I keep a few canary accounts. Those are email accounts that I don’t use to send anything, but I use to sign up to various sites. I used to do this so I could track which conferences sold their contact databases to spammers or marketers. On my ranum.com server, I set up forwarders that push most of the flood into my inbox, which uses bayesian spam classifiers to sort out the gunk.
Typical morning, I get 800 or so new messages in my inbox, 740 or so which go directly into the junk bin. Of the remainder there are usually a dozen or two that I actually read, and a few bits of product alerts (“your new thingum needs new firmware!”)
This morning, I had a message in my inbox that was aimed at one of my canary accounts, and was nice enough to even put it in the Subject: line.
So that tells me that a certain very large social media site has leaked its email user database, which probably means its entire customer database is out there.
It’s probably Russian cyberspies up to their usual tricks: drop $1b in valuation of a great big publicly traded social media site and you’ve manipulated the US stock market!
If/when the news breaks, I get to say “I told you so.” That’s one of the few abiding satisfactions of working in information security.
This idea occurred to me a long time ago: if one were to set up a far-flung and organized set of canary accounts, it would be possible to determine who had leaked, and when. For example, I know “firstname.lastname@example.org” is now burned but what if I had three canaries on that big social media site? If I got hits on all three, I could be pretty sure the whole customer database had left the barn. Then, I suppose I could short their stock and wait a while before I contacted the media. Back in the day, I came up with a whole series of desktop stock market manipulation concepts that I am pretty sure would make money fairly reliably. Since I’m so fortunate as to be pretty employable, I can stick to the straight and narrow. For now.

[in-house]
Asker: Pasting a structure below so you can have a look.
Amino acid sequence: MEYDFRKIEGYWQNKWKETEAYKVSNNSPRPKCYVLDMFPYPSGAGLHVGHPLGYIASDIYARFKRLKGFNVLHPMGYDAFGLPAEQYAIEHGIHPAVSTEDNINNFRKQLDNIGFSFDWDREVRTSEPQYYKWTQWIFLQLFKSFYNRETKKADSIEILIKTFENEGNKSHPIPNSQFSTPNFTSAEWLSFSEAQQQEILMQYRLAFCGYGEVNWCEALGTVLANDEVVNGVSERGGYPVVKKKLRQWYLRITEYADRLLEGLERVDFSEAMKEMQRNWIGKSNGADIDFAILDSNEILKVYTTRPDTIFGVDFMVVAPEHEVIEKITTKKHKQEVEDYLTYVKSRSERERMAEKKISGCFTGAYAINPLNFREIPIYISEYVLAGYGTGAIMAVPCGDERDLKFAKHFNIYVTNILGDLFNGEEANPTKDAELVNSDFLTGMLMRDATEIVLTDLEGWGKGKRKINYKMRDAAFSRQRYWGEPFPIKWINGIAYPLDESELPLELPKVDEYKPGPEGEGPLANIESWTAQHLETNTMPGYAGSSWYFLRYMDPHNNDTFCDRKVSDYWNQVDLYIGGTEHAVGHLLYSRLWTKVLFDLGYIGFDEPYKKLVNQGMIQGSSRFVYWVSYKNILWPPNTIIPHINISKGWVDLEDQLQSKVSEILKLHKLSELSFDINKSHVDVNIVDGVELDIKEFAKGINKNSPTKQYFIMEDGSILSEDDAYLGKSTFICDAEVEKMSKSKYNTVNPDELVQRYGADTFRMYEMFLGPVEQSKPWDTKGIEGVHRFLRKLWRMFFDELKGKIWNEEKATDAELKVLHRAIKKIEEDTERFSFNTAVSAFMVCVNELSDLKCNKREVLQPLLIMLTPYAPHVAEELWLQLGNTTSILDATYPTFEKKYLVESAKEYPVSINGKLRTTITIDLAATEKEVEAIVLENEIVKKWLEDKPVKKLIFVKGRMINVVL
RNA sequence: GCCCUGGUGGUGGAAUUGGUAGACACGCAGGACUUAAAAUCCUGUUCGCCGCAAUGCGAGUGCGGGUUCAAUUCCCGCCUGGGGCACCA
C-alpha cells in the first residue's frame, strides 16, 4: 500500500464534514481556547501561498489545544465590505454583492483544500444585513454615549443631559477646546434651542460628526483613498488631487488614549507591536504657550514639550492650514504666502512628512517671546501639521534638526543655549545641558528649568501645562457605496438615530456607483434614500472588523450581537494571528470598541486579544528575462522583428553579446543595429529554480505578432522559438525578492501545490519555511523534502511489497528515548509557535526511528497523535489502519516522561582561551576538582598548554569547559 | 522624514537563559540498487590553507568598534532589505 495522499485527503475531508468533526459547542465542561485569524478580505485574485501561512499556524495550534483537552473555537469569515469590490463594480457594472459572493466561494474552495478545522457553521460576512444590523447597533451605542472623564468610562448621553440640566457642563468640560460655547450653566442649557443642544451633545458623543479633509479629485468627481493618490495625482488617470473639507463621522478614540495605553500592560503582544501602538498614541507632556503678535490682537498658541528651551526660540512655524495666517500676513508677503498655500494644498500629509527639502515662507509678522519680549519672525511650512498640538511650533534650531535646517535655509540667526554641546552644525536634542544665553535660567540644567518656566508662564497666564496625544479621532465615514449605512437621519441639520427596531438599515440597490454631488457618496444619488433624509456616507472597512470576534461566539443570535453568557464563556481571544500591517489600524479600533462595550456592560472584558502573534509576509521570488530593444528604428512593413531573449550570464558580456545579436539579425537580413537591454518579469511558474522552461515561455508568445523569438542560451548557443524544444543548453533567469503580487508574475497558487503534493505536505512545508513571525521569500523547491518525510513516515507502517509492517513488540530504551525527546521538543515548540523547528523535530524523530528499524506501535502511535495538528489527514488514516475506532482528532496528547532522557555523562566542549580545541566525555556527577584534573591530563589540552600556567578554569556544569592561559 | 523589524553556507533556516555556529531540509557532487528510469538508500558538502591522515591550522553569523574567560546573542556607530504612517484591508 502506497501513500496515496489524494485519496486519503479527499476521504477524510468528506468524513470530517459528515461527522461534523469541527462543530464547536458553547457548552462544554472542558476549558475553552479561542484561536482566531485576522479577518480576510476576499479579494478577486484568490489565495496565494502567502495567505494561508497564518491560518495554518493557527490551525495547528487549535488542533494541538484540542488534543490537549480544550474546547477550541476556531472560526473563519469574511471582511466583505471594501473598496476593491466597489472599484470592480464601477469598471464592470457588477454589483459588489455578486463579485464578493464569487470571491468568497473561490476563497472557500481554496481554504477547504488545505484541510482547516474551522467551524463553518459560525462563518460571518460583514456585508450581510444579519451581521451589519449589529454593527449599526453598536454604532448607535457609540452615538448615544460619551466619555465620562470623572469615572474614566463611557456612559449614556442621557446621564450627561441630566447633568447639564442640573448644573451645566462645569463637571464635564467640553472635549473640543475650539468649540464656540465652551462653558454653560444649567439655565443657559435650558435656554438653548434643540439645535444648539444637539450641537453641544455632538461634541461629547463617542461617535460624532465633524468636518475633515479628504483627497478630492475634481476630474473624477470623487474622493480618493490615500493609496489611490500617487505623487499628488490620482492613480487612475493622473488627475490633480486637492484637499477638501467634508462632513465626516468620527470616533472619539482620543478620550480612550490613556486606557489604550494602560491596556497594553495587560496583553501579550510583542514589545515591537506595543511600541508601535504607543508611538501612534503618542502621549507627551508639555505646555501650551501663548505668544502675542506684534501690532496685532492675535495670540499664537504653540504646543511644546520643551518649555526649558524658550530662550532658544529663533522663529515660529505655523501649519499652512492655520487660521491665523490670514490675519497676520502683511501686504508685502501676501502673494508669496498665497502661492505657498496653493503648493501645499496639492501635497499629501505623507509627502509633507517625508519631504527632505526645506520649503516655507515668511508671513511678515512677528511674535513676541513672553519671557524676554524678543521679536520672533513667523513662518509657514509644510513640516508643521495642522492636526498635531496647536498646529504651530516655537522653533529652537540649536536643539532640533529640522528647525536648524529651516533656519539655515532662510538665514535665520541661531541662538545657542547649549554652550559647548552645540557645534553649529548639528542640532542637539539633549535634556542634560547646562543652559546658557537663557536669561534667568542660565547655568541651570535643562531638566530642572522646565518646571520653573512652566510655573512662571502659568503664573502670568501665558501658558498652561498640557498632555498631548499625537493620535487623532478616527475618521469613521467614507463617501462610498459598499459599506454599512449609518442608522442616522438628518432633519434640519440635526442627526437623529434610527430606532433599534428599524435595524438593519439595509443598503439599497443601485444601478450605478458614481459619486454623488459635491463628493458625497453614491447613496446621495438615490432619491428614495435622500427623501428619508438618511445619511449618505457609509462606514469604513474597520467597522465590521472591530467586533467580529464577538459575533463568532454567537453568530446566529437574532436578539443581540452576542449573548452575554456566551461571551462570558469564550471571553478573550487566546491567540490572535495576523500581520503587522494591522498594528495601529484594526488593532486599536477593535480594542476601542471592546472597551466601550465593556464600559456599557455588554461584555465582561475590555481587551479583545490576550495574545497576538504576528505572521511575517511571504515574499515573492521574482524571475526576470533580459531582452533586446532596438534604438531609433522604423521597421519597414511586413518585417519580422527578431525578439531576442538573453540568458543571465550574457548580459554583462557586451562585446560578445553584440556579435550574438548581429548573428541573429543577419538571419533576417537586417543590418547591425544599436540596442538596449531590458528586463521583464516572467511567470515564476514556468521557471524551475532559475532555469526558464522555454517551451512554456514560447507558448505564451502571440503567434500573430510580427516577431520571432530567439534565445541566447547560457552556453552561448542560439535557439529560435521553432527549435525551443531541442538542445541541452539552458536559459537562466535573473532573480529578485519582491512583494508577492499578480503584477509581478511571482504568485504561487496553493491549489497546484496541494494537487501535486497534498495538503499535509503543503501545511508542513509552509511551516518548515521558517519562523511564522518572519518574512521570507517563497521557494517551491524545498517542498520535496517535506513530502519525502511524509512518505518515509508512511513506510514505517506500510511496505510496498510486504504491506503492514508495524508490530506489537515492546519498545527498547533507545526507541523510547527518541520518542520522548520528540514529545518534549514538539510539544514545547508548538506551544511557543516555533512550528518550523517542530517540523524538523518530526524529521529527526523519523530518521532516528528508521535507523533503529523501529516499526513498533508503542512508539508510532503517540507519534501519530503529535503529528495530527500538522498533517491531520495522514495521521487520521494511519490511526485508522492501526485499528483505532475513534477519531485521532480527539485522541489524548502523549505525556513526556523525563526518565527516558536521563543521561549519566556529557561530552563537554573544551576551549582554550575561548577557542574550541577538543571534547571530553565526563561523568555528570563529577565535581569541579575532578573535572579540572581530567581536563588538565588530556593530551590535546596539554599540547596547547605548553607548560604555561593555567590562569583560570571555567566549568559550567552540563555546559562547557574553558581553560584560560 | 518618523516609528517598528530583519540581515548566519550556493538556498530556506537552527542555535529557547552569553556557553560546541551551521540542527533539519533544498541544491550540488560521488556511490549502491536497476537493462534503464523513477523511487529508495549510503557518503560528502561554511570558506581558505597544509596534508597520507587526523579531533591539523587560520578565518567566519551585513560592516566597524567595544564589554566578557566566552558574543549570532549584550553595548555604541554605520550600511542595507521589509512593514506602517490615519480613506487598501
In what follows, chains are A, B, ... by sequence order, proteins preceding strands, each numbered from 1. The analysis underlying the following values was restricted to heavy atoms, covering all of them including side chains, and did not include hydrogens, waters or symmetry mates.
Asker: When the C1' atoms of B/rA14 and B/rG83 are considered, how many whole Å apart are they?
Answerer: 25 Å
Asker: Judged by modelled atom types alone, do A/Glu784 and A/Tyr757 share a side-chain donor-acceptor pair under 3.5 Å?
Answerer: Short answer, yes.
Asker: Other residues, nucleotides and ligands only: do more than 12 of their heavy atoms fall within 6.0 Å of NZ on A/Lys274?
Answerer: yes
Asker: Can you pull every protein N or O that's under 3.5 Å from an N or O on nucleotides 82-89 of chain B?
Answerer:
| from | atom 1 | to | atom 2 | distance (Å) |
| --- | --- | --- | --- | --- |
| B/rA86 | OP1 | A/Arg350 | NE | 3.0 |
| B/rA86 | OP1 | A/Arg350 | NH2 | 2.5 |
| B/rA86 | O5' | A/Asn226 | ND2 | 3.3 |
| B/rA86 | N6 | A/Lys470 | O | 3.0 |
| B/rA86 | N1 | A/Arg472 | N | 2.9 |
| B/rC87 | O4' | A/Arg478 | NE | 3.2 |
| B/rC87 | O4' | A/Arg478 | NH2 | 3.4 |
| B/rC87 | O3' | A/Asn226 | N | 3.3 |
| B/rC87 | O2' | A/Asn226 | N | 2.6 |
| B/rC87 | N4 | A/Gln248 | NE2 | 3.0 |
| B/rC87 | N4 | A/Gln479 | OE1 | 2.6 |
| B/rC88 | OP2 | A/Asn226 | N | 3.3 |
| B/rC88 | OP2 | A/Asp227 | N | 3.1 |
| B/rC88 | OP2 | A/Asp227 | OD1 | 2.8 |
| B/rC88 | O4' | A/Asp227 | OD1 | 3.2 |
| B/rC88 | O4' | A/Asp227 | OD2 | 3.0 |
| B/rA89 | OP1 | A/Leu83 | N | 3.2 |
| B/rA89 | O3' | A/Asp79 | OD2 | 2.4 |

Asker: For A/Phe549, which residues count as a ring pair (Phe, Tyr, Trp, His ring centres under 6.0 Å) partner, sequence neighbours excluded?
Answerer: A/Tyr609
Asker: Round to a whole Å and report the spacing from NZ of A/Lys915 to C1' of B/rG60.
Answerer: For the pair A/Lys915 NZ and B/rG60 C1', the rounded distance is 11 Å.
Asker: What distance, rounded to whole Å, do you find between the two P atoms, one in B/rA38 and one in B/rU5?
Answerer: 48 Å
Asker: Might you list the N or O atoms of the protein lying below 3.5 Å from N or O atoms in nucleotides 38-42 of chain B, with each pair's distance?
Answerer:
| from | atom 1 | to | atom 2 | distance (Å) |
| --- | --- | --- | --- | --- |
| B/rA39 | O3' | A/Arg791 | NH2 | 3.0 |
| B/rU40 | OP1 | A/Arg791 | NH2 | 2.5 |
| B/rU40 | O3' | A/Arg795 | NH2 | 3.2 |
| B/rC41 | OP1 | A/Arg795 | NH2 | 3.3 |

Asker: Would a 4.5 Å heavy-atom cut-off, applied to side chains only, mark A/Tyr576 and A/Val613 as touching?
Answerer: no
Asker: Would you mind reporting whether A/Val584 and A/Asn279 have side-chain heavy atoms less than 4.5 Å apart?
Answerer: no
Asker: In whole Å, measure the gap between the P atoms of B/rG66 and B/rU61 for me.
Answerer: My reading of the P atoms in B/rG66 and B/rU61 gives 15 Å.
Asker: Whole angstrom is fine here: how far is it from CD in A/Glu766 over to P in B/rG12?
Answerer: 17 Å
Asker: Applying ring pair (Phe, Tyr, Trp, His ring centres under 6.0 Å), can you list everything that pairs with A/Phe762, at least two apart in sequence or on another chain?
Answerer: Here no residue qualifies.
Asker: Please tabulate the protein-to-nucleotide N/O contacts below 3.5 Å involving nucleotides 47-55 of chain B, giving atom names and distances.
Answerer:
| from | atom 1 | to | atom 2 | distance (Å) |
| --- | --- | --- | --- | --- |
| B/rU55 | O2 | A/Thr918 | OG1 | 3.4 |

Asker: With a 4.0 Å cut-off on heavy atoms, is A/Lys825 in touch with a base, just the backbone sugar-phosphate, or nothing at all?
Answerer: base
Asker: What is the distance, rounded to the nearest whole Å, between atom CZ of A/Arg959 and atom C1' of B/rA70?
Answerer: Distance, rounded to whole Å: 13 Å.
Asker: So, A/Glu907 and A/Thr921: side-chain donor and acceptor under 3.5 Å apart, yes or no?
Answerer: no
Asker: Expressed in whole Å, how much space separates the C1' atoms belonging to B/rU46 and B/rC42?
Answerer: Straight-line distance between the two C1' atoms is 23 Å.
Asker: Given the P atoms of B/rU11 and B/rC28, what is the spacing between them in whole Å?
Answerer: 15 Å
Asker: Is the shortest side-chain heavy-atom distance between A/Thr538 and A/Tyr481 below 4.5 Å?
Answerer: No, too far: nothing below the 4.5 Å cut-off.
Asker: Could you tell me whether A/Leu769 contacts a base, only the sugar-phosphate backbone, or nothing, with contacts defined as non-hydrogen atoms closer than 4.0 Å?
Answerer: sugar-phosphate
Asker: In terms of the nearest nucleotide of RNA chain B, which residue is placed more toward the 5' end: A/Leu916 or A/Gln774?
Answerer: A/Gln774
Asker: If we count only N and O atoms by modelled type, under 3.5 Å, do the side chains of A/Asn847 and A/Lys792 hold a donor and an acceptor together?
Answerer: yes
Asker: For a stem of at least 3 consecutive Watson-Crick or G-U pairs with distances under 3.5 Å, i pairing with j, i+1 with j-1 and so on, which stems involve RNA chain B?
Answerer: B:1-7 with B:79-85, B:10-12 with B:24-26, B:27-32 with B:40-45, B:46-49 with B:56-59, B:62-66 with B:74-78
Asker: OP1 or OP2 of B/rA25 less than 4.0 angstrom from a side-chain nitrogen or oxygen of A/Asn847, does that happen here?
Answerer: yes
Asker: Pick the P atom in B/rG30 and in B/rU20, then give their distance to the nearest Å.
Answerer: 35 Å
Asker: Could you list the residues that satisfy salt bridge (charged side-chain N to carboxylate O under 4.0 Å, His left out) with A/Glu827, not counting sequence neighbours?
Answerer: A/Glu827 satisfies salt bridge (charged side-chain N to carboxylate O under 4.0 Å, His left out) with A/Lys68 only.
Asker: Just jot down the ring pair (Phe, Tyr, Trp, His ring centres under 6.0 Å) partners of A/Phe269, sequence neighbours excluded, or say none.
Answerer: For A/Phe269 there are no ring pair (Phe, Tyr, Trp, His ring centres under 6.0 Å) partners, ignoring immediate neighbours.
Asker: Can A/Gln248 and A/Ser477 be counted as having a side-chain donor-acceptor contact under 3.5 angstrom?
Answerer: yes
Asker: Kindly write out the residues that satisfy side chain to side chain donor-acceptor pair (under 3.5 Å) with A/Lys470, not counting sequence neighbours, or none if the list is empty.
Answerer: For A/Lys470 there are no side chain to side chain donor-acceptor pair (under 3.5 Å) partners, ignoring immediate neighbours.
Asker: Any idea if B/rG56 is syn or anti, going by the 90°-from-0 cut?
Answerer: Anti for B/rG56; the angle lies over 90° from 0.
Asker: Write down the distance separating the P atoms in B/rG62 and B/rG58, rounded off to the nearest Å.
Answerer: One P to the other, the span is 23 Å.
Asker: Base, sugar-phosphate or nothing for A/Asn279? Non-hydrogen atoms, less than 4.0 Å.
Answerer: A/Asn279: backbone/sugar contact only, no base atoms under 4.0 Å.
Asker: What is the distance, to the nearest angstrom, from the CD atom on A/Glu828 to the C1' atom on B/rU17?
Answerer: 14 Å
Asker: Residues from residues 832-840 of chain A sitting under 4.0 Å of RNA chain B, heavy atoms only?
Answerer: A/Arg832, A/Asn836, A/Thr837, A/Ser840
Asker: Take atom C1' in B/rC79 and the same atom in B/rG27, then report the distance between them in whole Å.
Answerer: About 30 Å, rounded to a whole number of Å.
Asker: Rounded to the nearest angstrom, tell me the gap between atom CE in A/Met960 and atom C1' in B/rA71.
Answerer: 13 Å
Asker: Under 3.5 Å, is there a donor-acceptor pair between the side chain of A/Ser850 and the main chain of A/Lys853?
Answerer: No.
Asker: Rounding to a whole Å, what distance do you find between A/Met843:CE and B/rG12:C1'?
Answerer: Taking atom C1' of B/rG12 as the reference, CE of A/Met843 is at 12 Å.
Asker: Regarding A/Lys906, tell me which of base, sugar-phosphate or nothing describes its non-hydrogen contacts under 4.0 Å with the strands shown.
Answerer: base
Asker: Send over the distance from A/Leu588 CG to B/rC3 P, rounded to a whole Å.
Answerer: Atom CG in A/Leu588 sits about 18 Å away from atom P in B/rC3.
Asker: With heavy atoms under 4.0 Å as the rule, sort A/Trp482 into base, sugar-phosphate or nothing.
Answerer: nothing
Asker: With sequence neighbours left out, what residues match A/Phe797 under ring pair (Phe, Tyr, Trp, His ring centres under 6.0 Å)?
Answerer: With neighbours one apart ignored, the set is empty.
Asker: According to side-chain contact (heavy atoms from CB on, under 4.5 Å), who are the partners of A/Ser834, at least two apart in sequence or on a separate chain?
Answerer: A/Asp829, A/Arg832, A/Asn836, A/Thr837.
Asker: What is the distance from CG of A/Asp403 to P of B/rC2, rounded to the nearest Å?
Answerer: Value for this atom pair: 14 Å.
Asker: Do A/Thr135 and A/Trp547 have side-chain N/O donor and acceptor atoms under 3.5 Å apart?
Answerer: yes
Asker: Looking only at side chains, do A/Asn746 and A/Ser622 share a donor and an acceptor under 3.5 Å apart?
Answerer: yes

The “Canary” technique is widely used in large-scale spam blocking. You set up canaries that are easily collected by grazer-bots looking for email addresses, and – when the canaries start getting messages – those messages are known to be spam because there’s no actual person who would ever receive them. The messages collected on the canaries are immediately backfed into the spam classification codex, the originating IPs get downrated, etc. Basically, it’s a spam honeypot. Honeypots are a great tactical tool for security: it’s a system that’s value is in being attacked or compromised. Between 1999 and 2002 or so, I used to teach a 3 day class for SANS with Lance Spitzner; I think we were personally responsible for the blossoming of entire sensor-webs of honeypots. I remember I was always surprised by how easy it is to get hackers to stumble into your prepared kill-zone: they’re very very self-confident. That was when I interviewed one at a conference and discovered that the hackers never even contemplate the potential that they’ll be detected: security is so bad, that being detected (let alone personally identified) is generally not a concern.